Figure 8 shows what the output of an ideal (i.e. very hard roll-off) low pass filter as it removes the last five harmonics from a square wave. Notice how the number of humps is equal to the number of harmonics present in the signal. You can imagine how the wave would become more square as you add more harmonics and get more humps.
Figure 8: Low pass filtering a square wave changes its timbre, making the tone more pure. The top waveform shows a square wave that has been filtered down so that only 5 harmonics are left, and each subsequent waveform has one more overtone removed.
Subtractive synthesis requires at minimum a signal generator and a filter. As a result, subtractive synthesizers are much less demanding than additive synthesizers in terms of the hardware required to build one. Subtractive synths are ubiquitous in the electronic music world as a result.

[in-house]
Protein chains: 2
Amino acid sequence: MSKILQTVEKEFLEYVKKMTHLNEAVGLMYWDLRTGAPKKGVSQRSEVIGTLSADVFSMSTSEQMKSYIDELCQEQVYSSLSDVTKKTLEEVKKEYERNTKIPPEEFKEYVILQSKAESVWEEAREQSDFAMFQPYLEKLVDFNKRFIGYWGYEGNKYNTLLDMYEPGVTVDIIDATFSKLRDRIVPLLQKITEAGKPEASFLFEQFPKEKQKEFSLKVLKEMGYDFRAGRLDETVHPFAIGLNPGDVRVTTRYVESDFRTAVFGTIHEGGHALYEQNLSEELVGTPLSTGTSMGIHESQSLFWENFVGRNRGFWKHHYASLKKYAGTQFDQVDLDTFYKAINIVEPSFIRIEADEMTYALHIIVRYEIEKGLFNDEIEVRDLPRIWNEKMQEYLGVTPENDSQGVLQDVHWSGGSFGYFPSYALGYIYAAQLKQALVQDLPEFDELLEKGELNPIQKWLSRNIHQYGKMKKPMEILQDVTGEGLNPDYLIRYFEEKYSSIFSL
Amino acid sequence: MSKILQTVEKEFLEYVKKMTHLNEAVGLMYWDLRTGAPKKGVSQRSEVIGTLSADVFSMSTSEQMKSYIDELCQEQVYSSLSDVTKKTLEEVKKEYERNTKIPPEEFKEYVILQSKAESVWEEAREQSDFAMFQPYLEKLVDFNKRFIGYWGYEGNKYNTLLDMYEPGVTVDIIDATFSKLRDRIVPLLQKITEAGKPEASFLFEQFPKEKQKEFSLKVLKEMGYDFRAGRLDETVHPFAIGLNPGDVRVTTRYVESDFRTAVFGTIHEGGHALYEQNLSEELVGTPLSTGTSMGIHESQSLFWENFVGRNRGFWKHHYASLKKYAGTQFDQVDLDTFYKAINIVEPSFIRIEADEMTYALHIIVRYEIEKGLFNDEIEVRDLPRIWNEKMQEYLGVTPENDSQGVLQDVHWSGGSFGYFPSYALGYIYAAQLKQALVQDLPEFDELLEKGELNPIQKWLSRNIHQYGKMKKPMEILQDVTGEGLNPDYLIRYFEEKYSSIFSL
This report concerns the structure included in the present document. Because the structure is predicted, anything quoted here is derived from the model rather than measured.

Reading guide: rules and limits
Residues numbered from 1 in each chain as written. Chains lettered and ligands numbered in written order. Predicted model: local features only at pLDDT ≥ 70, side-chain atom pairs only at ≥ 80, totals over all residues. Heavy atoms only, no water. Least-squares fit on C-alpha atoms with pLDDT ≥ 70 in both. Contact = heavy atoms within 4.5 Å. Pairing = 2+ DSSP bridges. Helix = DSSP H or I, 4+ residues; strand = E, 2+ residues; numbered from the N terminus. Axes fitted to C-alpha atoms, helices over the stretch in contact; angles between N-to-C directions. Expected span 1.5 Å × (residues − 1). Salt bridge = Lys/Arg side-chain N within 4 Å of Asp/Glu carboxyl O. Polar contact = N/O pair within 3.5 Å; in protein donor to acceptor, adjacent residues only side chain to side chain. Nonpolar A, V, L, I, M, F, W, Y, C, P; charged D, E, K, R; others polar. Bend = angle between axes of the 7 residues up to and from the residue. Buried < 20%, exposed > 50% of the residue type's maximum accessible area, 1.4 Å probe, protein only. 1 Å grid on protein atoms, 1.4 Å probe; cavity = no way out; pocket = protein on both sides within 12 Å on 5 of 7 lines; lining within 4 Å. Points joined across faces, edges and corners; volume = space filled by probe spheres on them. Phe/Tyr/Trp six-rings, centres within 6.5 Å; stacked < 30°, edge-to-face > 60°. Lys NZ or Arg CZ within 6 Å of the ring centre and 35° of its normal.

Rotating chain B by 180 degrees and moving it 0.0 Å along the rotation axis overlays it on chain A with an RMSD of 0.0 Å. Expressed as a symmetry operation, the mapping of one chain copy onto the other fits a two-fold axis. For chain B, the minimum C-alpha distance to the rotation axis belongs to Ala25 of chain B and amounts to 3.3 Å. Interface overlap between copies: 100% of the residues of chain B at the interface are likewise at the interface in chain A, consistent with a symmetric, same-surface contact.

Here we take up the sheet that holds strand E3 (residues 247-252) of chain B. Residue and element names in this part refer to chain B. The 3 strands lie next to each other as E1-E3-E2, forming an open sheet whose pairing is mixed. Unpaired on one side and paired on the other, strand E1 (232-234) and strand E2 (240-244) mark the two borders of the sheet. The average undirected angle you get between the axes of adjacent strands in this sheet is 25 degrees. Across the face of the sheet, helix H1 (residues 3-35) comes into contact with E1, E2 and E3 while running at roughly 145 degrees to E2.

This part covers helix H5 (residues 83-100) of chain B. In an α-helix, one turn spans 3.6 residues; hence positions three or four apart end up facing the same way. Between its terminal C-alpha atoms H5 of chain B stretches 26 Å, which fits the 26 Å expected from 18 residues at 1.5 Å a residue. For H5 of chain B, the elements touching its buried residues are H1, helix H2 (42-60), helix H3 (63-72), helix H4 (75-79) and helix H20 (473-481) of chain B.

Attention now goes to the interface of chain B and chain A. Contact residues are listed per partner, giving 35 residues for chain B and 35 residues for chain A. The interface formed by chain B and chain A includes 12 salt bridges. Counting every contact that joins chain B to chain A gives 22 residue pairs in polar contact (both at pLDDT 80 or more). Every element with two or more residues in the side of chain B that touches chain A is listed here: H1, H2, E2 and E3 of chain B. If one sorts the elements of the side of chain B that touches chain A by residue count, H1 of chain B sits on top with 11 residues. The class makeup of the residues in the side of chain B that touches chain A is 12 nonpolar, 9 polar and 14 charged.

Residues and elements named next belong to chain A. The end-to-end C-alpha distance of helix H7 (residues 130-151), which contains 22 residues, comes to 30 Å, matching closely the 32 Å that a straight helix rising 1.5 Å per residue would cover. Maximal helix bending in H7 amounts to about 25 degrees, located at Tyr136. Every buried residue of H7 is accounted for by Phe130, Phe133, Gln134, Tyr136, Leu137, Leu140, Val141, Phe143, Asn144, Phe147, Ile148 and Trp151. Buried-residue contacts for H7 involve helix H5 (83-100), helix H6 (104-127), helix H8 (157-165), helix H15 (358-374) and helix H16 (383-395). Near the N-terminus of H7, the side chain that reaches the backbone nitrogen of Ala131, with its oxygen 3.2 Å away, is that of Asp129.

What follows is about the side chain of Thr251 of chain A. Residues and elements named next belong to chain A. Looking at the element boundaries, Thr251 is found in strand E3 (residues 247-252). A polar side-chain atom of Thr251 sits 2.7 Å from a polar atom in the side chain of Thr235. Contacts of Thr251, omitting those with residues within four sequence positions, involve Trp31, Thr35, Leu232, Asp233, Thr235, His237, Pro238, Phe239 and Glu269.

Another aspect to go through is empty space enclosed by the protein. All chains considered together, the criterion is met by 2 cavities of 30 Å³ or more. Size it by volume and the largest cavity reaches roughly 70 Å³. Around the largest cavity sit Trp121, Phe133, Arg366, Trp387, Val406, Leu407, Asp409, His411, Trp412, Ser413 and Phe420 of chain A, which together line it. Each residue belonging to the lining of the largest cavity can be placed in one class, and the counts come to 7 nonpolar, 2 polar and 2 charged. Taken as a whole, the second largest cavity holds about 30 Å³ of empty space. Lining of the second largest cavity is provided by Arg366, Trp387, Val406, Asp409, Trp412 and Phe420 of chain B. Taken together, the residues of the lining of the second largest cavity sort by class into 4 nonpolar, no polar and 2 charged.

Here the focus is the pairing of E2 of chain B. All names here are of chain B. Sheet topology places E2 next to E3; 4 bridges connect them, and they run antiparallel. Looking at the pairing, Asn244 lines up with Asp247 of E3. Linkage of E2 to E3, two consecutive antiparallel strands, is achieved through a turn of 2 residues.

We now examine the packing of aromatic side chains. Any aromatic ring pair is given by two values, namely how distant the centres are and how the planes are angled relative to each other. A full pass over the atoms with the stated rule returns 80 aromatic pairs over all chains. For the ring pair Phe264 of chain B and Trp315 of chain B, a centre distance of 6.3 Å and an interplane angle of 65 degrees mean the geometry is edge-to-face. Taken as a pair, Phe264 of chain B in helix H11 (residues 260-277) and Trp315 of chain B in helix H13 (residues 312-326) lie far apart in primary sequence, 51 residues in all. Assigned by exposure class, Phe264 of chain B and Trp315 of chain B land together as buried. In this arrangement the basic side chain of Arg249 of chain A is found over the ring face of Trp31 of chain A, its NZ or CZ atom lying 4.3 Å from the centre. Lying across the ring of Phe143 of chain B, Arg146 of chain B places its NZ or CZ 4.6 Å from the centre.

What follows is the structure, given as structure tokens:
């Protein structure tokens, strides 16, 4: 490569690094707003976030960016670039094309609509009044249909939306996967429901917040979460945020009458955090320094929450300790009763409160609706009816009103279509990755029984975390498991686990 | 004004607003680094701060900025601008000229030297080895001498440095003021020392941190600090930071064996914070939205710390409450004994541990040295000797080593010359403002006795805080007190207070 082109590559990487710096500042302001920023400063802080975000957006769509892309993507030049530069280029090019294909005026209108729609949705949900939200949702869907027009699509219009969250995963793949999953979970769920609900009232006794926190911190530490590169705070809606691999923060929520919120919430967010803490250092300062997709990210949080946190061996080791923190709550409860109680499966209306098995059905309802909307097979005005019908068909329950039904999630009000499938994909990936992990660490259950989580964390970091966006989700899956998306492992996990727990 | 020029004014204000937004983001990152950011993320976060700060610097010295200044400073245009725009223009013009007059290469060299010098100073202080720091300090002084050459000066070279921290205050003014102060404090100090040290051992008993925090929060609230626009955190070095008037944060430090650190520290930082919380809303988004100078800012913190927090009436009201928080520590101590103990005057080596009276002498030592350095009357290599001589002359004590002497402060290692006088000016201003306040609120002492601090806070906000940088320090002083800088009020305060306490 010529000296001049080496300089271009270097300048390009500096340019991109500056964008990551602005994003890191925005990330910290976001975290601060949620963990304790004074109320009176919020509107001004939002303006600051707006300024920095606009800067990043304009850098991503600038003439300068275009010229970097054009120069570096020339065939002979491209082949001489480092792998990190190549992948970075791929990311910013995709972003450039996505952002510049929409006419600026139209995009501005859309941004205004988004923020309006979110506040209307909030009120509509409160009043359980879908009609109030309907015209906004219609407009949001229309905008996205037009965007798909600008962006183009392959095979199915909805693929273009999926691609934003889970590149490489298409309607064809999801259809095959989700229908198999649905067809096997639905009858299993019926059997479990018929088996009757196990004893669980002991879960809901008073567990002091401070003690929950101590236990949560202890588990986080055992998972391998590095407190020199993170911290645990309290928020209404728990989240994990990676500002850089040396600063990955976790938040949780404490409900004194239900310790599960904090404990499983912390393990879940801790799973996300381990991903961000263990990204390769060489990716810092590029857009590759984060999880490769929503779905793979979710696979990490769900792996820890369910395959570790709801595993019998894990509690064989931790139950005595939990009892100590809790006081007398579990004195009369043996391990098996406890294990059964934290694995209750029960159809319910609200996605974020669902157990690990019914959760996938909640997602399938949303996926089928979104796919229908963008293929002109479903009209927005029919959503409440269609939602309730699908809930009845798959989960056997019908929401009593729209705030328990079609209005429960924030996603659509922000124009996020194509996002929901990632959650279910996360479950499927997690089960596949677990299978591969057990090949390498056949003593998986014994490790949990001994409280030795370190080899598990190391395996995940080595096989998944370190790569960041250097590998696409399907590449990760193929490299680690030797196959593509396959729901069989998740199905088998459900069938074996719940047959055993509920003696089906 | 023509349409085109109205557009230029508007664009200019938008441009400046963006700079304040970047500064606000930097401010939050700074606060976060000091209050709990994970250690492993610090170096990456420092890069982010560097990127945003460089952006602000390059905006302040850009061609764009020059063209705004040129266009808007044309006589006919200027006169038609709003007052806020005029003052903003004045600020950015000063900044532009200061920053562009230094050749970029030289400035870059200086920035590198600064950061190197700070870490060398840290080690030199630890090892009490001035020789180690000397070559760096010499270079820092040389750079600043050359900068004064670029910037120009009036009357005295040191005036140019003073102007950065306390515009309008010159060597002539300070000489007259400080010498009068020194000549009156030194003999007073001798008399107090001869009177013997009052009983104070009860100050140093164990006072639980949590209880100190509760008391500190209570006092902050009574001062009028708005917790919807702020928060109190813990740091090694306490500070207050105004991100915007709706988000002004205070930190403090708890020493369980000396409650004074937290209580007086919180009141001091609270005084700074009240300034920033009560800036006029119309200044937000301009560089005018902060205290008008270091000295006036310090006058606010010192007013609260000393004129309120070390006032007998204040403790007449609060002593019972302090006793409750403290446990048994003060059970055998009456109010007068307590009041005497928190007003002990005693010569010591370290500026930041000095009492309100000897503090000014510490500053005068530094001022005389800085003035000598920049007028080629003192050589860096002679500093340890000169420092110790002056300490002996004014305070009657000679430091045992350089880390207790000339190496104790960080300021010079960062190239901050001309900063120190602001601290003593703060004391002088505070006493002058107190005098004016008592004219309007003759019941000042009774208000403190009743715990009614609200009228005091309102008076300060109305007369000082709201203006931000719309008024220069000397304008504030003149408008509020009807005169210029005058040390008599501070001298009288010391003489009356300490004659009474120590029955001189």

Acoustic sounds have timbres that changes over time. We can emulate this in synthesized sounds using modulation, which means we vary a particular attribute of the sound.
In an additive synth, we can have the powerful ability to modulate both the amplitude (volume) and frequency of each harmonic. Subtle modulation of the frequency of each overtone at different rates and amplitudes can have some really interesting effects.
With subtractive synthesis, we can only modulate the total volume and the attributes of any filters or effects that the input waveform is conditioned by. Even with these constraints, incredible sounds can be made with the use of envelopes, low frequency oscillators, and manual automation.